Effective oral treatments with high cure rates have only been available for a few years, and they remain extremely expensive. An NPR report from 2017 puts sticker prices anywhere between $26,400 for the lowest-costing drug, Mavyret, up to $95,000.

The SCDC told the City Paper that they do not comment on pending litigation, though a spokesperson pointed out that the department’s entire health budget is only $74 million, not enough to properly treat the more than 5,000 inmates potentially living with Hepatitis C in the state’s prisons, according to Geissler’s lawsuit.

A new program in the state’s prison system will only serve 16 inmates with Hepatitis C, according to Geissler’s lawsuit, based on numbers Bryant found in the SCDC proposed budget for the fiscal year 2018-2019.

Jessie Steffan, a staff attorney at the American Civil Liberties Union of Missouri arguing a similar case that is currently tied up in court, argues that there are options for states concerned with the price of treatment, including partnering with other states and negotiating in bulk.

“They’re not actively trying to do those things, so I don’t think it’s all cost,” Steffan said in a phone interview with CP. “I think there’s a tendency to dehumanize people who are incarcerated.”

She also notes that a significant number of inmates end up on Medicaid, Medicare, and other state and federal health care programs upon their release. That means that both patients and governmental budgets could benefit if prison systems took responsibility for properly treating the disease.

The Missouri correctional system identified more than 5,000 inmates with Hepatitis C in 2016. By the end of that year, they had treated slightly more than a dozen with a cure, less than half of one percent, and the state has given the ACLU no reason to believe that number has gone up.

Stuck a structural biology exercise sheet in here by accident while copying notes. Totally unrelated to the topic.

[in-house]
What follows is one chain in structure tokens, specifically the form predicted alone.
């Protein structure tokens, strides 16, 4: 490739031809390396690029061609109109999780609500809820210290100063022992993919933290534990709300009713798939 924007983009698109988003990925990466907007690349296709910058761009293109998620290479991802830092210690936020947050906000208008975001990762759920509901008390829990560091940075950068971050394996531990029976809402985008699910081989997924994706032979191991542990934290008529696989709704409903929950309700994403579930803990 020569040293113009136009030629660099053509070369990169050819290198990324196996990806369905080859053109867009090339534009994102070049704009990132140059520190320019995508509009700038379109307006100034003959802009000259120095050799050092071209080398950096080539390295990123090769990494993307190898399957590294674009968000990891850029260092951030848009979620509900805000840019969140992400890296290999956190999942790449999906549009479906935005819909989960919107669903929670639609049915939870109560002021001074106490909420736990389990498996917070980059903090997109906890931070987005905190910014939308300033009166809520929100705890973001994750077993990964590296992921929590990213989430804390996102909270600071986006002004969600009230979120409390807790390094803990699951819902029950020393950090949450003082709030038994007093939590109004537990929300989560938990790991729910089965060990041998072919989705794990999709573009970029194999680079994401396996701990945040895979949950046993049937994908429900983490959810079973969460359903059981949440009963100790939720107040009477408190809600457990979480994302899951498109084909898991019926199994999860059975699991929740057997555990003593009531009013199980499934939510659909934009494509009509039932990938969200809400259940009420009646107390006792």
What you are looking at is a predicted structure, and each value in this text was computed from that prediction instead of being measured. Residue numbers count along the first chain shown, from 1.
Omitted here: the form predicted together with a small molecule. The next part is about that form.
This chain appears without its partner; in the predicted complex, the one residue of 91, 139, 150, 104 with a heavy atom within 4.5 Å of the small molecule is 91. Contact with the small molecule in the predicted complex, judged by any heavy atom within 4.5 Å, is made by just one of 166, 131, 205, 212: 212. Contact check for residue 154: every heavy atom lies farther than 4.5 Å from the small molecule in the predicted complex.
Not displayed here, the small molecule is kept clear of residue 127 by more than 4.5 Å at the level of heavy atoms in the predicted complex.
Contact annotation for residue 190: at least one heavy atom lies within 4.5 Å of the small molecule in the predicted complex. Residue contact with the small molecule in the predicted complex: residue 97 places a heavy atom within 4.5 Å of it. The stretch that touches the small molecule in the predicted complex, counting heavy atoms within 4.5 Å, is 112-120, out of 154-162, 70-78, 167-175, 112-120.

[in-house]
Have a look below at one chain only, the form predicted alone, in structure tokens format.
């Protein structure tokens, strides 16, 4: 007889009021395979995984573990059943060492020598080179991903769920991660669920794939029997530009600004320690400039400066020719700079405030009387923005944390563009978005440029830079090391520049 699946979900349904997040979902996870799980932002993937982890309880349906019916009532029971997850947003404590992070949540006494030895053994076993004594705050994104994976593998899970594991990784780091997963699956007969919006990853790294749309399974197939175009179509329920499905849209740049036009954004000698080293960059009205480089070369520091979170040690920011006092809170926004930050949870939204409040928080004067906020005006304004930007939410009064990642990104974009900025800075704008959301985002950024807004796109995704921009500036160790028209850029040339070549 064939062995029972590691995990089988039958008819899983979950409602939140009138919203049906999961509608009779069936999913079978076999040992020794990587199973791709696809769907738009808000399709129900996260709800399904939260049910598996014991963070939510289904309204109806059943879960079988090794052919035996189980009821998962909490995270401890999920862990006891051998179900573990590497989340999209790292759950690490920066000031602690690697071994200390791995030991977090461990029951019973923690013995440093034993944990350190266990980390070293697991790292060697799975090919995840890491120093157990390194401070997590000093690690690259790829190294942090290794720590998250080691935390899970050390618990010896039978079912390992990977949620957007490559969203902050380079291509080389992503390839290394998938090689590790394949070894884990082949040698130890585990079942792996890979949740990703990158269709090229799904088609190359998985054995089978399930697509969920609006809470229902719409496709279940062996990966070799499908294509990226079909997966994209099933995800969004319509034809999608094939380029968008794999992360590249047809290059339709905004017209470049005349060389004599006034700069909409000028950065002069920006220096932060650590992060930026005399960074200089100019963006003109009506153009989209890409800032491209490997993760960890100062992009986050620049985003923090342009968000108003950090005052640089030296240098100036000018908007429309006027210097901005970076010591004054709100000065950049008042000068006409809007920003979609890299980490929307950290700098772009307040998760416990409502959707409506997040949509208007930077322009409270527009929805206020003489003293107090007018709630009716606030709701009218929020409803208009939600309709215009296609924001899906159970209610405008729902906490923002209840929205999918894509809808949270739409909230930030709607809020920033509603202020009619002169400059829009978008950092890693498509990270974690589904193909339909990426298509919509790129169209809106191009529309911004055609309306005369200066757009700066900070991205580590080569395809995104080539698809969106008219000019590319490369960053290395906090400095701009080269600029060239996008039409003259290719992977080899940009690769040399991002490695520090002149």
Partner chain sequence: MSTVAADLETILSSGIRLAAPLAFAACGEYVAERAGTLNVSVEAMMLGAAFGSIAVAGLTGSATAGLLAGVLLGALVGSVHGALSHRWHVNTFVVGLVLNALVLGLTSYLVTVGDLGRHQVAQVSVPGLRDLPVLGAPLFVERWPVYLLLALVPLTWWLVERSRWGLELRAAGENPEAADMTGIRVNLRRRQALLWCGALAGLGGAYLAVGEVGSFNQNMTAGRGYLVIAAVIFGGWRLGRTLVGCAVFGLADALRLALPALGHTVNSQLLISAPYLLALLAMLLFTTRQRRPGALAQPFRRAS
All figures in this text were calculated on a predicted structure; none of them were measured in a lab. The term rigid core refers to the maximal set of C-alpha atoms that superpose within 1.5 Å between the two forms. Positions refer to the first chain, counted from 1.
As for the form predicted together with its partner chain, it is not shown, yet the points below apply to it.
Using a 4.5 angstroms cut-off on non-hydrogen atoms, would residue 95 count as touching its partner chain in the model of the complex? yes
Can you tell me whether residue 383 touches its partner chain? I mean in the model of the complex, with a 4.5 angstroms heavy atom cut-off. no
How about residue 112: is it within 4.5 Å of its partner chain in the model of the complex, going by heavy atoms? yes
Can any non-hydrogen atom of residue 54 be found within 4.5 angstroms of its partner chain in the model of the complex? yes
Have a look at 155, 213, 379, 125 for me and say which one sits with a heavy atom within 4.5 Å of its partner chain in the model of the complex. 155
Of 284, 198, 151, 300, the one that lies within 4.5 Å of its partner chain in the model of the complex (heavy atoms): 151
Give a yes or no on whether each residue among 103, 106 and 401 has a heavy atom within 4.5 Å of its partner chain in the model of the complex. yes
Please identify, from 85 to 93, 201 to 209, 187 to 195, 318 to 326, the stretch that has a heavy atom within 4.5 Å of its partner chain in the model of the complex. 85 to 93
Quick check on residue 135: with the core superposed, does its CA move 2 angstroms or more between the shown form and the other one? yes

“Denying people with Hepatitis C treatment with these drugs that cure the disease is unconstitutional,” Steffan said. “To me, it’s an obvious Eighth Amendment violation.”

Geissler alleges that he has been repeatedly denied treatment since he was diagnosed with Hepatitis C in January 2014.

Previous complaints filed in U.S. District Court reveal a similar pattern.

In 2009, Samuel Anthony Wilder contended that SCDC discriminated against him by denying him access to a Hepatitis C clinic because of the cost of the treatment. SCDC argued Wilder maintained normal liver function testing levels for “several years,” and was not in need of treatment. His request for a preliminary injunction was denied.

In 2014, an inmate by the name of Thomas Webb filed a similar complaint seeking treatment. The department’s treatment protocol at the time required that an inmate have a minimum of two years left on his or her sentence (the new protocol lowers that to one year), be compliant with current medical treatments, have no drug or alcohol hoarding convictions, and be counseled. Webb was determined to not meet the criteria due to his psychiatric condition.

But recent precedent for Geissler’s class action lawsuit seems to be on his side. In November, a federal district judge in Florida ordered that the state’s prisons begin providing drugs to all inmates with severe liver damage by the end of the year, according to The New York Times.

“This Court will not tolerate further foot dragging,” Judge Mark E. Walker wrote. “One can only wonder how long Defendant would have kicked the can down the road had Plaintiffs not filed this case.”

In Massachusetts, the state’s corrections department reached a settlement to treat those with the most serious cases within 18 months.

Steele, the former inmate from Columbia, says prison staff continuously ignored his grievances after he was denied a second test. He still hasn’t gotten proper treatment, but he hopes Geissler’s lawsuit can change things for those still inside.

“I just wish I could’ve gotten help while I was incarcerated,” he says.


Love Best of Charleston?

Help the Charleston City Paper keep Best of Charleston going every year with a donation. Or sign up to become a member of the Charleston City Paper club.